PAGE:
She said in a statement: “I know there was a weather event but it wasn’t that big of a weather event.”

The mayor’s issue was that increasing the flood-prone site’s capacity from 35 thousand to 50 thousand should never have been allowed and was “reckless”.

A road too far

The above item wasn’t the only problem promoter Secret Sounds had with a council.

Its new Harvest Rock festival in November in Adelaide is staged on Rymill and King Rodney Parks. They are connected by Bartels Road, which would need to be closed for two days.

Cue dark muttering from Adelaide City Council about closing it.

Before a vote, Secret Sounds’ Jessica Ducrou addressed the council, saying the festival faced cancellation without the road closure.

She explained they’d spent “hundreds of thousands of dollars” in preparing in the last 12 months, and “financially committed five million dollars” to artists whom they would have to pay even if the event had to be axed.

Despite this, councillors voted 8-2 against.

No problem, thought SA Premier Peter Malinauskas, remembering how Harvest Rock is tipped to inject 10 million dollars into SA’s economy, and the 40 per cent of the 20 thousand to 25 thousand expected each day, set to come from intestate.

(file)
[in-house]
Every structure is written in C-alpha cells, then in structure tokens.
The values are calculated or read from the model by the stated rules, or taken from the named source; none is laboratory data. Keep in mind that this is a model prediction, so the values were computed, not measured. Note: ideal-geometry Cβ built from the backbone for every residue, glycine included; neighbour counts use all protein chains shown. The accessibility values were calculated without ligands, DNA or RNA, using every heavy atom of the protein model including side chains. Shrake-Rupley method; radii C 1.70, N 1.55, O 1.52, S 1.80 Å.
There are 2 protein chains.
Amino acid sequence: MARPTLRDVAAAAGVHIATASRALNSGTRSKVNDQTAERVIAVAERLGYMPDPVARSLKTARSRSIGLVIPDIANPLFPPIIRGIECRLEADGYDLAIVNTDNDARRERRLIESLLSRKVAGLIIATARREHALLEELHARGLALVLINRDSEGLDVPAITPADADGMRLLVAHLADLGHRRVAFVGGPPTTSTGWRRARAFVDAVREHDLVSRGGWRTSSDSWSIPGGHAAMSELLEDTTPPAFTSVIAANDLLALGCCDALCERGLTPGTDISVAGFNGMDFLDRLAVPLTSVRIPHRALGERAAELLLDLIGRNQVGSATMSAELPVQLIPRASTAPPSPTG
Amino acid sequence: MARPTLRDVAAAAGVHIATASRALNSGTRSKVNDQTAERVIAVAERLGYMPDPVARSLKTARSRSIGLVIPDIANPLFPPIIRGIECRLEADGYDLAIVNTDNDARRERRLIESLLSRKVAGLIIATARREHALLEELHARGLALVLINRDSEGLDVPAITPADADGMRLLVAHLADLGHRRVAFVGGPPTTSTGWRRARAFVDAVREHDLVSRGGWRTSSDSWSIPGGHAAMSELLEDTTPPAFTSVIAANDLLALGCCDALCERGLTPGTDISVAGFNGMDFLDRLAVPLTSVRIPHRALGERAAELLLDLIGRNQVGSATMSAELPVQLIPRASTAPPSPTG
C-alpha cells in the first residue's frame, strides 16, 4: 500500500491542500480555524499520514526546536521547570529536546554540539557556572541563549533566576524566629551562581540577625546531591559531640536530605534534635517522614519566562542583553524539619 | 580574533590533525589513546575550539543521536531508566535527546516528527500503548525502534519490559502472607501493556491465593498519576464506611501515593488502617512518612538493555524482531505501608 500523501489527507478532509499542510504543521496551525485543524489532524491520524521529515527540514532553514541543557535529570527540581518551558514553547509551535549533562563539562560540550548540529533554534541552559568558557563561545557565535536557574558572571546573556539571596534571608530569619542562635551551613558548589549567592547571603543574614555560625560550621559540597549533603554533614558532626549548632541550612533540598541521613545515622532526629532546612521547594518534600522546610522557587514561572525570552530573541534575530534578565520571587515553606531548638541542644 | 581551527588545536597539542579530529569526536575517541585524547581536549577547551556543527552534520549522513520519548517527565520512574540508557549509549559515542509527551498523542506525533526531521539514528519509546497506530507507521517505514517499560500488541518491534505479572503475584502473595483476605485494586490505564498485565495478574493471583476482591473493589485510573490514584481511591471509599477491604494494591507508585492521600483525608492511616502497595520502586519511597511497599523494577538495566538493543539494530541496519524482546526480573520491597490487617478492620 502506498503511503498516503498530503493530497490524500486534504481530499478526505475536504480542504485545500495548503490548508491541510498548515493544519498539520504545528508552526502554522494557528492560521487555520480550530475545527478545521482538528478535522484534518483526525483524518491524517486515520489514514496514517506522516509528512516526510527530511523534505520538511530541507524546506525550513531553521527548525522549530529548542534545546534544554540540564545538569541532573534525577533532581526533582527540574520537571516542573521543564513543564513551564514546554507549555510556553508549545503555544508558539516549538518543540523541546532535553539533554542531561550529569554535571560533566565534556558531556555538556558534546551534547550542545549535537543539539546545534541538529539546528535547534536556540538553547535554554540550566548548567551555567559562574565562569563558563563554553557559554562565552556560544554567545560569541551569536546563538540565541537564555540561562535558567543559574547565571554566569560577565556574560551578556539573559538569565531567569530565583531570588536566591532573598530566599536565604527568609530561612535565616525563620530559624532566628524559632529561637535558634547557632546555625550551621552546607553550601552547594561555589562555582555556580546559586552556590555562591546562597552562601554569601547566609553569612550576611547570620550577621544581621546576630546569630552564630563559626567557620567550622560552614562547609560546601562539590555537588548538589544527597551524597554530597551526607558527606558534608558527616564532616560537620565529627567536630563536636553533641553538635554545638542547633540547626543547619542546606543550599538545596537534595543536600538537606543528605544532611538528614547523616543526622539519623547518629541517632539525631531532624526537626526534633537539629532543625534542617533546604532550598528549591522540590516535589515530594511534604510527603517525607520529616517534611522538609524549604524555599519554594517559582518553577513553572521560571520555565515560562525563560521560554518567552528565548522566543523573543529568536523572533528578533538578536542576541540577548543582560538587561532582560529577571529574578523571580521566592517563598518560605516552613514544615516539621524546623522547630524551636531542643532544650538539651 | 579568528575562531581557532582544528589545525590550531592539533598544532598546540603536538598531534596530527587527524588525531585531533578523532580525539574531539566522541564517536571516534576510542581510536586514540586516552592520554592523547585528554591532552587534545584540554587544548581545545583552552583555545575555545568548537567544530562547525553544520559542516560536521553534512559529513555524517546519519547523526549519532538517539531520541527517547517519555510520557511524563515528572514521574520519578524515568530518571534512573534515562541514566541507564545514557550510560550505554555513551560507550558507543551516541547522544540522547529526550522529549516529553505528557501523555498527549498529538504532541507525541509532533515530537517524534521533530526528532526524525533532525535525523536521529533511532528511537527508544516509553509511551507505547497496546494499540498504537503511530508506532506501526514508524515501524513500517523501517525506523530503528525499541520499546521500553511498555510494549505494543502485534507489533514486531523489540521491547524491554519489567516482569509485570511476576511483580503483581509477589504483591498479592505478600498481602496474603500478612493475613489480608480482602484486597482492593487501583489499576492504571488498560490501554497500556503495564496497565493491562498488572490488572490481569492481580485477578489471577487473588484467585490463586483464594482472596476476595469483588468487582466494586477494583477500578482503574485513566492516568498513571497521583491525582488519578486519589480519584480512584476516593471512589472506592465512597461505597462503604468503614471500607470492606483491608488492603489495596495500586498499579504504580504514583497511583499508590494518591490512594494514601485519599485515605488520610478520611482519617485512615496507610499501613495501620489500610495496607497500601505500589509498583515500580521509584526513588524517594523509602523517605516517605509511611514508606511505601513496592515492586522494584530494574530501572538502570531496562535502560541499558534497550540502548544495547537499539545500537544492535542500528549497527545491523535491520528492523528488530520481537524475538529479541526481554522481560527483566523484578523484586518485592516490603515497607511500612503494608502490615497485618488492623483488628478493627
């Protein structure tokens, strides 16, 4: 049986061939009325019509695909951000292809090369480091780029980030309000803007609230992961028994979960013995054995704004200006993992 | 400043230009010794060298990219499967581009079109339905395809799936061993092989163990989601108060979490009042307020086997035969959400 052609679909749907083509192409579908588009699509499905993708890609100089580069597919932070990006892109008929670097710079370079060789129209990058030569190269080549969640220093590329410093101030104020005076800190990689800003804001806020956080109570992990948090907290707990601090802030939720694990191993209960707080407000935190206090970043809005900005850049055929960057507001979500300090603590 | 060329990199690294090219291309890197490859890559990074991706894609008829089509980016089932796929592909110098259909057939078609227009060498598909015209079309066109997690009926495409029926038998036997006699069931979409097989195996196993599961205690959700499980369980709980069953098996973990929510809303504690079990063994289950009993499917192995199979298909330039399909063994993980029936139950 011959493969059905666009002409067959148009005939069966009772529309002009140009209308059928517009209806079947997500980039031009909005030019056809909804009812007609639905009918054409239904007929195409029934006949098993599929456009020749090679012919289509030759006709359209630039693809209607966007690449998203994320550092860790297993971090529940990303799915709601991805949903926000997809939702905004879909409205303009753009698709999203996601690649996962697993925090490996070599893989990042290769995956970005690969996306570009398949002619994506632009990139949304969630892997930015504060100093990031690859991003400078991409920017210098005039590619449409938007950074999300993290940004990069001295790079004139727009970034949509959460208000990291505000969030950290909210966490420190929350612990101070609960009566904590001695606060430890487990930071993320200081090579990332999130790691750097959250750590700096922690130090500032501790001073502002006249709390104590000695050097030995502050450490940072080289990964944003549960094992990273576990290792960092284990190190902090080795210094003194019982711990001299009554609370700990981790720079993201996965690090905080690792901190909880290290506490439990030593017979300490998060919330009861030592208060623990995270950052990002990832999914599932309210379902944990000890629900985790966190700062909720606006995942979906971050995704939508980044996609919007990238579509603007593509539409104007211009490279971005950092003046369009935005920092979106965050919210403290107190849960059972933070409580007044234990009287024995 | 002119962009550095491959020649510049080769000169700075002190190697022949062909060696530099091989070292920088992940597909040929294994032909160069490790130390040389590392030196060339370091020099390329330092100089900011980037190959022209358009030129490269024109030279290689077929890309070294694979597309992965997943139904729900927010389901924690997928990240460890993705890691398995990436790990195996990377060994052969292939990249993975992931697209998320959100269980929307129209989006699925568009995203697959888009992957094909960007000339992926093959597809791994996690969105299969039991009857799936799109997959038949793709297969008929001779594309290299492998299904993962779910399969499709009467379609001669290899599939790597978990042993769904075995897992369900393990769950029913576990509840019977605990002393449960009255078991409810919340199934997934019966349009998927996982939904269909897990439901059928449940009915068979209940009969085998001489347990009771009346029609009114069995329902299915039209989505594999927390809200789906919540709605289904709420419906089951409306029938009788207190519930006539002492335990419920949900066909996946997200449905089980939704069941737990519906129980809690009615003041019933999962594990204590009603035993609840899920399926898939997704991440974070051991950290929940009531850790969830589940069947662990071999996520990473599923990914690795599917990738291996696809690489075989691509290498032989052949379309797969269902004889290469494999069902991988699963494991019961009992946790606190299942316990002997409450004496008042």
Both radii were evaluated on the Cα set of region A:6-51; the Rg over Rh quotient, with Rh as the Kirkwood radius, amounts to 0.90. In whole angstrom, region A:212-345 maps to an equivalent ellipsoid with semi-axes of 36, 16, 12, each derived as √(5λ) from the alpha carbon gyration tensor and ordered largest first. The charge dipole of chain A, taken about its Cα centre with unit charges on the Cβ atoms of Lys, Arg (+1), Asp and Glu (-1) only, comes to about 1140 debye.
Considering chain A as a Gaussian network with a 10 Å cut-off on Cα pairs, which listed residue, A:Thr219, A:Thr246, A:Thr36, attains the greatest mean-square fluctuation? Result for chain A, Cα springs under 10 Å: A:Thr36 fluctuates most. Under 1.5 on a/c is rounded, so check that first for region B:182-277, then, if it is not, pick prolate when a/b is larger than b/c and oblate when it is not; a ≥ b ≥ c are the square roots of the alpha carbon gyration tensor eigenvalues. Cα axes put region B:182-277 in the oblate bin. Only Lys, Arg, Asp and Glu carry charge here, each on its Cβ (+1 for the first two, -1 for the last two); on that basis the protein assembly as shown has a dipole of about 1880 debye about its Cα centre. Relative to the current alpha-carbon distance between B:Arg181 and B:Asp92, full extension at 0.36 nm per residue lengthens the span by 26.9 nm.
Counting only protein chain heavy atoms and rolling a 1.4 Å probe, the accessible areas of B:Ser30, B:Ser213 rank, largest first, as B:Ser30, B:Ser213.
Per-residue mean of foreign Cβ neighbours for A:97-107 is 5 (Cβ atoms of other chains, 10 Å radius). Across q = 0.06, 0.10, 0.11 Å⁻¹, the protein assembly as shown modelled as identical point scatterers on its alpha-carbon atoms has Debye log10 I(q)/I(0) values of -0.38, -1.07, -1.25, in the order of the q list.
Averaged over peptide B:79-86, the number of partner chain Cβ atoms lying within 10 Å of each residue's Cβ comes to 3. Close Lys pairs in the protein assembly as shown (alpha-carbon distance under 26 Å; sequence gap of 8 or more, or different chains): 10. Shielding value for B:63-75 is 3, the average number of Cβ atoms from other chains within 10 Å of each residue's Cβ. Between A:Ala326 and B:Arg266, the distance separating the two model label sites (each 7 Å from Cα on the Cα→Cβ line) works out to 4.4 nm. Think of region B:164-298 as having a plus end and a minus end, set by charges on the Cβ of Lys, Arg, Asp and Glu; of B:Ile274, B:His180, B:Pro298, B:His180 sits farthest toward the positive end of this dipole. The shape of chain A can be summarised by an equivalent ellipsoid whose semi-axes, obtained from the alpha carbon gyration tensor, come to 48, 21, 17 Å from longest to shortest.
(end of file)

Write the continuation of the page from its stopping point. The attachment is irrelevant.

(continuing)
He overruled council by reclassifying Harvest Rock as “a major event”. It gave the government the power to close the road for 72 hours.

Gold Sounds Conference returns

Music Victoria is bringing back its Gold Sounds Conference for a second year. It is held from October 13-16 on Djarra Country in the centre of Castlemaine.

It “aims to bring together the regional and inner city music communities of Victoria and foster a more collaborative and tight-knit industry overall.”

Programming covers music & identity, regional touring, festival programming, working in creative teams, music & activism, copyright & licensing, songwriters in conversation, grants & funding, and breaking down barriers.

Woolly bullies

Mojo’s Bar in Perth sacked a senior staffer after she turned up as a spectator at its sister venue Freo.Social and abused and shoved punk band Body Horrors’ singer Eden in the green room after their set.